“Walberswick, Aldeburgh and Southwold are popular now but were scorned in the past because they were dull. They are dull,” he quips. “The beaches are stony. There aren't many piers. The houses are undemonstrative. As a result they have become the most expensive in England.”

Libby Purves, another high-profile writer and broadcaster to have adopted East Anglia as her home, has also written a piece for the book - entitled The Meaning of Mud.

“Glance from the train at Manningtree one day and you see nothing but water, bland and innocent, with little yachts bobbing at anchor,” she says. “Next time, at a different tide, you glance through the same window and there is a world of shining pockmarked mud haunted by a thousand wading birds.”

Then there are rivers like the Ore/Alde - “half threat, half promise; on the one hand you might sail downstream and out to sea and find a whole world, where the water glows green and blue instead of brown, and nothing can stop you from sailing on to Rio or the Cape. On the other hand rivers are brown sneaks, probing into the safe lush countryside. Invaders might creep up them and stake a claim, as Vikings crept up the Deben to Sutton Hoo”.

Intriguingly, it's the sight of a man-made breakwater that most moves her spirit - “symbols of determination to set forth on unfriendly waters, and tokens of faith in a safe return”.

Nature didn't make the coast safe or predictable, she points out, and Man knows that. There's compelling evidence here on the east coast, where the port of Dunwich thrived in the 14th Century, but is long gone.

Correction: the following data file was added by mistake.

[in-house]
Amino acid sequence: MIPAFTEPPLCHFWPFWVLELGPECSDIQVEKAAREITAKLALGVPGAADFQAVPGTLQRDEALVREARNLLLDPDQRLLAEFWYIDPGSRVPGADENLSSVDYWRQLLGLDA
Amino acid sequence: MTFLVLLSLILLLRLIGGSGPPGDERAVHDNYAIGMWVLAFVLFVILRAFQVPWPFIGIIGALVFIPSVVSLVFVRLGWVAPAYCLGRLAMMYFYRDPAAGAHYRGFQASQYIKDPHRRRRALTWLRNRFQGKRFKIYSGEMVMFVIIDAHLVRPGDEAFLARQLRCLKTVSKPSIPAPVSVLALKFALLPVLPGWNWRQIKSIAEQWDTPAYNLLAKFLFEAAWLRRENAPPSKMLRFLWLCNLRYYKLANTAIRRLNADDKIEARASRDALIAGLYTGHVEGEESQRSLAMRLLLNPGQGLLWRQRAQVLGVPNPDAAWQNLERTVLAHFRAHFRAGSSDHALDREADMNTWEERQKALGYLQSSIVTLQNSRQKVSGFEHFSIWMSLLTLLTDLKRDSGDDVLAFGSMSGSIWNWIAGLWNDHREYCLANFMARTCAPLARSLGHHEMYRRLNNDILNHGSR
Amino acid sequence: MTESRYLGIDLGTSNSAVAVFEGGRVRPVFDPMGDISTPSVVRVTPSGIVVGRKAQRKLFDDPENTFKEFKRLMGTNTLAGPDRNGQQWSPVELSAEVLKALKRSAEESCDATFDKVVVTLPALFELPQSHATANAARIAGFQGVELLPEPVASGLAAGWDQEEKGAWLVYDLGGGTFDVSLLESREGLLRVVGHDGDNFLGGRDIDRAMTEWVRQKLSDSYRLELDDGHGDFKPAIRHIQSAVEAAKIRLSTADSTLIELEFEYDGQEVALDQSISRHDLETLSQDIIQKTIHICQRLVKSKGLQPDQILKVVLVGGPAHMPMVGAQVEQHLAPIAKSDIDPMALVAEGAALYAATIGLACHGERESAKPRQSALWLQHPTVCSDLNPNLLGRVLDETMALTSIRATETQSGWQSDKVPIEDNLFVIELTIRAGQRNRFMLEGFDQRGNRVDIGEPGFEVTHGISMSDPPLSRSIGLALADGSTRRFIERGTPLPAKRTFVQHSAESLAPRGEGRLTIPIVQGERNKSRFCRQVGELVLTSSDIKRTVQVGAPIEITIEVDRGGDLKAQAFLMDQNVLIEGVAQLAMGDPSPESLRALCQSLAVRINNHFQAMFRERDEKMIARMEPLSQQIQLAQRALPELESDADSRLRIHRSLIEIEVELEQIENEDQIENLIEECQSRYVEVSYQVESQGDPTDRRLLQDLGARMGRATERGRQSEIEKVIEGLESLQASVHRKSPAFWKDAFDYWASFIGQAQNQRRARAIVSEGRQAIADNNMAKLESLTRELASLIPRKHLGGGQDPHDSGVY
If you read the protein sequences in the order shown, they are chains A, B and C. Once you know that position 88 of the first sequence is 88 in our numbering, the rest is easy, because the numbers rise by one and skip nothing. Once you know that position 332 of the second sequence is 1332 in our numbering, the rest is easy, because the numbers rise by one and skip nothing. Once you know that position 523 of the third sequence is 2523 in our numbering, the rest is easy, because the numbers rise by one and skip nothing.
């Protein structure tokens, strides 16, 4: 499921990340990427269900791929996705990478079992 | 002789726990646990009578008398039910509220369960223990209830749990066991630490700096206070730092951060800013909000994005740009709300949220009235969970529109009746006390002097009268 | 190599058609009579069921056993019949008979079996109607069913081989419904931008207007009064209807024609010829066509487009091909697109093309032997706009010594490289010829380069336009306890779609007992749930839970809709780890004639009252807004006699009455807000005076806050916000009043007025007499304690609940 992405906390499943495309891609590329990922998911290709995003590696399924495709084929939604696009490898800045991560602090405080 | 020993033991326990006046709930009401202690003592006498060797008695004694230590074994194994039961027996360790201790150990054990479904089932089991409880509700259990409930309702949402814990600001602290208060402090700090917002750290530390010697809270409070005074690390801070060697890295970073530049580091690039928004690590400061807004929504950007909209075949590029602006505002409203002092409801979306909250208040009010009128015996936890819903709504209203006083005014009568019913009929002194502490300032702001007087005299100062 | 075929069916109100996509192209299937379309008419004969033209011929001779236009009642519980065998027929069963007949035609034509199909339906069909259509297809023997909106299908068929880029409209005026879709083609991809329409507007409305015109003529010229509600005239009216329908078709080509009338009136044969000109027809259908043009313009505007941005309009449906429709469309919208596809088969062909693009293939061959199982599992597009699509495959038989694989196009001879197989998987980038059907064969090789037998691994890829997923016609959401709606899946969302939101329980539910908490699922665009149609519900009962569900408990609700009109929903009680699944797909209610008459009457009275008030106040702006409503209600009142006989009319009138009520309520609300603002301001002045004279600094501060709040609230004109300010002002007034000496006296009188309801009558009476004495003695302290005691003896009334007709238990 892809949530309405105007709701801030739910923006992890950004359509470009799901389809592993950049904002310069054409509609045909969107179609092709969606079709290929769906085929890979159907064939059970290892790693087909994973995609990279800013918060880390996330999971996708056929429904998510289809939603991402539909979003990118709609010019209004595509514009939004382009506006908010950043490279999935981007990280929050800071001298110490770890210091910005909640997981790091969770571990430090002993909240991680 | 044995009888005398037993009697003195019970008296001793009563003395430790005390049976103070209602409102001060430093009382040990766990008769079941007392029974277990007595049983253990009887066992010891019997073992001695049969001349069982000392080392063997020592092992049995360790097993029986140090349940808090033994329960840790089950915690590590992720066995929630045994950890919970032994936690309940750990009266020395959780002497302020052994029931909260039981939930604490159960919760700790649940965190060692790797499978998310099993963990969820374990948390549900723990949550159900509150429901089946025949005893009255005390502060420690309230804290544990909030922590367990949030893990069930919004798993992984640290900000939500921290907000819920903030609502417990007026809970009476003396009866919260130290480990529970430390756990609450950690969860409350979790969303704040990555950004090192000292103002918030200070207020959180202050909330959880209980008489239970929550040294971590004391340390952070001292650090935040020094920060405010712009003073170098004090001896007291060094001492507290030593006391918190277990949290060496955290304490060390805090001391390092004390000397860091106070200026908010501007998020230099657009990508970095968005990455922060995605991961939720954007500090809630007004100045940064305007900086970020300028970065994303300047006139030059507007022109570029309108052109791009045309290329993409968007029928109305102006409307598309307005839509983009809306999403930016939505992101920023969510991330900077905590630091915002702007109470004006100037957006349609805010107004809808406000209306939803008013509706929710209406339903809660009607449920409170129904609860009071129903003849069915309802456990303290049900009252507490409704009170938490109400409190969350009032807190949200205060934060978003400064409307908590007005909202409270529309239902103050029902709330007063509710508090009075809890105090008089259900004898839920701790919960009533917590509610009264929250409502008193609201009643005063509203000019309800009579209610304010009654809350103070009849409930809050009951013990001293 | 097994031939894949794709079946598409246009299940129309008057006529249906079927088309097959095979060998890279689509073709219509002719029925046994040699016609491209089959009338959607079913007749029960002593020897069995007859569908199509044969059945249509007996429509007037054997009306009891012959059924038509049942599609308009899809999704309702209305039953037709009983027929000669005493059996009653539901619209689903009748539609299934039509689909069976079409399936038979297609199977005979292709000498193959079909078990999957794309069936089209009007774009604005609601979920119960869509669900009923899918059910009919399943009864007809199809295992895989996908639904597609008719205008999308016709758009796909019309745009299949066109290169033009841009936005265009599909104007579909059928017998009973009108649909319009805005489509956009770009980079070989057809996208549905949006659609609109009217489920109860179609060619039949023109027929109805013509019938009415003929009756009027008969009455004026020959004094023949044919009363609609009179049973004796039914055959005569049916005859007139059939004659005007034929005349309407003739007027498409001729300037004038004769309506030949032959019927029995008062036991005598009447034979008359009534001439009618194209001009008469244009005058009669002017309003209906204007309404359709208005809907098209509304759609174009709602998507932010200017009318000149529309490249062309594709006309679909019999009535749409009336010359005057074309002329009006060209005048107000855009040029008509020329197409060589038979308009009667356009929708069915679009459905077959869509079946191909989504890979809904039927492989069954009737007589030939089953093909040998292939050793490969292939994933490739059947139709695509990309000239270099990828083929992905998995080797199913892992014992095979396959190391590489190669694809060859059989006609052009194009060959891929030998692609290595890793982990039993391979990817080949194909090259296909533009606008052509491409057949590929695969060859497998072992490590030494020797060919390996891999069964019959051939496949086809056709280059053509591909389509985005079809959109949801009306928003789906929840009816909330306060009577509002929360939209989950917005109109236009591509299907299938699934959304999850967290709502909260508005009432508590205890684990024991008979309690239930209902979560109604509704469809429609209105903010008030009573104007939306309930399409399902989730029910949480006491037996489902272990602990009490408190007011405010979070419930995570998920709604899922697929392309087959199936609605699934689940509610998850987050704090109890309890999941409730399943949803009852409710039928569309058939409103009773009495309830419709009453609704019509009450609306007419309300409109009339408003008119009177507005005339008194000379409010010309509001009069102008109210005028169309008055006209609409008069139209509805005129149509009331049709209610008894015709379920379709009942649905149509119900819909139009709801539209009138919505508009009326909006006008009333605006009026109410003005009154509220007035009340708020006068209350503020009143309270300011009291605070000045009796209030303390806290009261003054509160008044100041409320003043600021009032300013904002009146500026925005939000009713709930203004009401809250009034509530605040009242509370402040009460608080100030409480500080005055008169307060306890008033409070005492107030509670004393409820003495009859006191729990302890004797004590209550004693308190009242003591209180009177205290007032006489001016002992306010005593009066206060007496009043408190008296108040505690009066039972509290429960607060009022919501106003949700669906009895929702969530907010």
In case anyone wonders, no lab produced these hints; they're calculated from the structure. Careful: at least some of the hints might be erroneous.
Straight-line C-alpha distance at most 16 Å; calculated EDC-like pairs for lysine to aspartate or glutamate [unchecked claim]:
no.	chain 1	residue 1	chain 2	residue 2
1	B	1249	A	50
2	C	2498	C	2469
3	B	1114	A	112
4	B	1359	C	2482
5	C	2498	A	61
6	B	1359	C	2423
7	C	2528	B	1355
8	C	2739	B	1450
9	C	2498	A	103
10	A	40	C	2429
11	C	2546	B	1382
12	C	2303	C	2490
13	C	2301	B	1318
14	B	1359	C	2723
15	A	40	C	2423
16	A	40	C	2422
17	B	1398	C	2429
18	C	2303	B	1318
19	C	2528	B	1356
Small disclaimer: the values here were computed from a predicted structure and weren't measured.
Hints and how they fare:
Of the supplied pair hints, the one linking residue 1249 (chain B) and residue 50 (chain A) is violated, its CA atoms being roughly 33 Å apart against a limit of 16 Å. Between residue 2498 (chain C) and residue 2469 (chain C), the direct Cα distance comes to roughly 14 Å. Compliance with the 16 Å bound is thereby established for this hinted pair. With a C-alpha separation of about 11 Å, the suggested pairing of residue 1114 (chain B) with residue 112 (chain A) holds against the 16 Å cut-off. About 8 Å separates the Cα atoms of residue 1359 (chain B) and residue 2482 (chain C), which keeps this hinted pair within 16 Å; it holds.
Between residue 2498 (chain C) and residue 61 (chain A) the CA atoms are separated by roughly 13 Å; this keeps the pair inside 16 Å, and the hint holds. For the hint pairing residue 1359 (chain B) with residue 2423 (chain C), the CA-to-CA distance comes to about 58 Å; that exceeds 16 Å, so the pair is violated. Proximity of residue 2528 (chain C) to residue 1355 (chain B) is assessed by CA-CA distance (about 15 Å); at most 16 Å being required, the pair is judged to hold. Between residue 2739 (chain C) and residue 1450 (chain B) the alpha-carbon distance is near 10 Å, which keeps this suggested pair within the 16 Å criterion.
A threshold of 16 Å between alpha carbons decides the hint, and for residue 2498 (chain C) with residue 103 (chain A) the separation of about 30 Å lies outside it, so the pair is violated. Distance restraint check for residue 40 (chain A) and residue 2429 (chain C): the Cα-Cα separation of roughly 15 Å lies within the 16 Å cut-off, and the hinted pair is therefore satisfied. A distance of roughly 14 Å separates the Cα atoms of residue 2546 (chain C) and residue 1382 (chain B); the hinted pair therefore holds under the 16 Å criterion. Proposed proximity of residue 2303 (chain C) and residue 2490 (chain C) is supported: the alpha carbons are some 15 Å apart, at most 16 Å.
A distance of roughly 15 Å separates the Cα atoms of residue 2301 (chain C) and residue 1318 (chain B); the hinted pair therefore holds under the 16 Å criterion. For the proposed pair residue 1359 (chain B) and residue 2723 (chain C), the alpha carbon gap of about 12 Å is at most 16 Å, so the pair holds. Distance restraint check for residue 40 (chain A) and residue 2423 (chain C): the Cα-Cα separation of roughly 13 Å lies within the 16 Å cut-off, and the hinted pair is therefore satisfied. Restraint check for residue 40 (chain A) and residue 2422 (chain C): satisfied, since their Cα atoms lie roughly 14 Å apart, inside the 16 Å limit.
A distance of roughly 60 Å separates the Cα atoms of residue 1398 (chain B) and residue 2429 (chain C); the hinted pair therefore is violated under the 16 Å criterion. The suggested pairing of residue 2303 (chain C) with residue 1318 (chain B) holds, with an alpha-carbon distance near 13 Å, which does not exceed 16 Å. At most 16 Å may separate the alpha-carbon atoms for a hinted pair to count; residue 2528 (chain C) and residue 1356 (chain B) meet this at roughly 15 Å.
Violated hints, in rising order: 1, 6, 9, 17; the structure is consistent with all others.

A Portrait of England combines beautiful landscape photography with quotes, poetry, celebrity reminiscences, anecdotes and opinions. A percentage of the profits will support the work of the CPRE - a body that has been instrumental in the creation of national parks, areas of outstanding natural beauty and green belts.

The book is edited by Joanna Eede, who says that “Even in our increasingly urban and materialistic world, it is clear . . . that rural England still inspires: by sailing the muddy creeks of Suffolk; by foraging for field mushrooms in the New Forest; by watching eel-fishers on the Dart; by witnessing a lamb being born or a sparrowhawk hovering.”

She adds: “Importantly, the articles also highlight how many people are moved to protect the English countryside - from the worst effects of industrialised food production and consumer culture, from characterless dormitory developments, from a slow death due to thousands of unintended acts of thoughtlessness.”